Friday, August 04, 2006


During the last couple of months I've spent quite some time on getting the grips on PowerShell (PS). As written earlier, PowerShell will be important, but expect it to take some time and effort to get it 'in the fingers'.

When you first look at it, you may ask yourself - hey - what's the big news in the examples you see? Most things can easily be done with other well-known tools. What so funny about - say - creating 10 folders -
PS> 1..10 % { md folder$_ }
when I could do it with
CMD> for /l %i in (1,1,10) do md folder%i

And what is the big advantage in starting a service with
PS> start-service bits
when I could do it with
CMD> net start bits

Of course, restart is nicer
PS> restart-service bits
But this does the job as well
CMD> net stop bits & net start bits

But as you start try to do REAL stuff you realize the potential. How about keeping the logs for the last 10 days, named with the date? That is not easy at all with CMD and I often created an self-contained script to do the job -
CMD> set script=%temp%\x.vbs
CMD> echo script line 1 > %script%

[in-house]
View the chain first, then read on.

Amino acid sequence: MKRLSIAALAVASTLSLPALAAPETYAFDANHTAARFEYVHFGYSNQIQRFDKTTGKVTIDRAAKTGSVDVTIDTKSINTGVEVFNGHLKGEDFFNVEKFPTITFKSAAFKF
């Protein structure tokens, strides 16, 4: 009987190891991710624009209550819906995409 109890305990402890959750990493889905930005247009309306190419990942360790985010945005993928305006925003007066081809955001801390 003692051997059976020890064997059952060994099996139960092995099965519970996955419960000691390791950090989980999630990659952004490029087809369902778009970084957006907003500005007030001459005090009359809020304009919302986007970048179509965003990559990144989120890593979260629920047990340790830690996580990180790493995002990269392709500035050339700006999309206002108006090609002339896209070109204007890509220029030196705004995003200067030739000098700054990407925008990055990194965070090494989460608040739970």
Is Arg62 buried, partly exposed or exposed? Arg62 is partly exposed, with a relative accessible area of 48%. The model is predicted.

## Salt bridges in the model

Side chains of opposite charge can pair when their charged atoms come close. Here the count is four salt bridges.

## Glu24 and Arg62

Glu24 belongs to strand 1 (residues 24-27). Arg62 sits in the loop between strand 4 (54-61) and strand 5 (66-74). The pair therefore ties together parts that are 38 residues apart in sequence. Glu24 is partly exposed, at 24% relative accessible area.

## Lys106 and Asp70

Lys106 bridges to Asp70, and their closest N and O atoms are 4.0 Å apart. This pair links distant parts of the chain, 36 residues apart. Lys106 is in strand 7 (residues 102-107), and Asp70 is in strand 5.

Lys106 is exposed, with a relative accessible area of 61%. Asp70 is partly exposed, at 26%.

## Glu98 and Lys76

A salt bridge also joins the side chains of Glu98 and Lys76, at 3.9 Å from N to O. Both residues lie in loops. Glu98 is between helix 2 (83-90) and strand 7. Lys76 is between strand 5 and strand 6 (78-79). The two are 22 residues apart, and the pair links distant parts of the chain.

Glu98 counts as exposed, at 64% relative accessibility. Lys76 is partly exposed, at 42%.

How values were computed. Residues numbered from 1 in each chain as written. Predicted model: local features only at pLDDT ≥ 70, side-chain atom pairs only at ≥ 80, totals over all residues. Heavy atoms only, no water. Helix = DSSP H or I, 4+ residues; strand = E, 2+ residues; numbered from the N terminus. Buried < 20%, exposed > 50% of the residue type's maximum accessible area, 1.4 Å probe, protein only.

CMD> echo script line 2 >> %script%
CMD> cscript %script%
With PS you can do it right away with code like -
PS> $logbase="$env:temp\my.log"
PS> $fivedaysold=$logbase+[system.datetime]::now.adddays(-5).tostring("yyyyMMdd")
PS> $fivedaysold

So, if you want to learn PS, do not just use it once in a while. Expect that you will spent much time on learning it - but stop using CMD as much as possible and realize that you can combine all your tricks and (programming) skills by combining command line stuff with COM, WMI and .Net stuff - right from the command line. In this way, you will learn along the way.

Be powershelled yourself!

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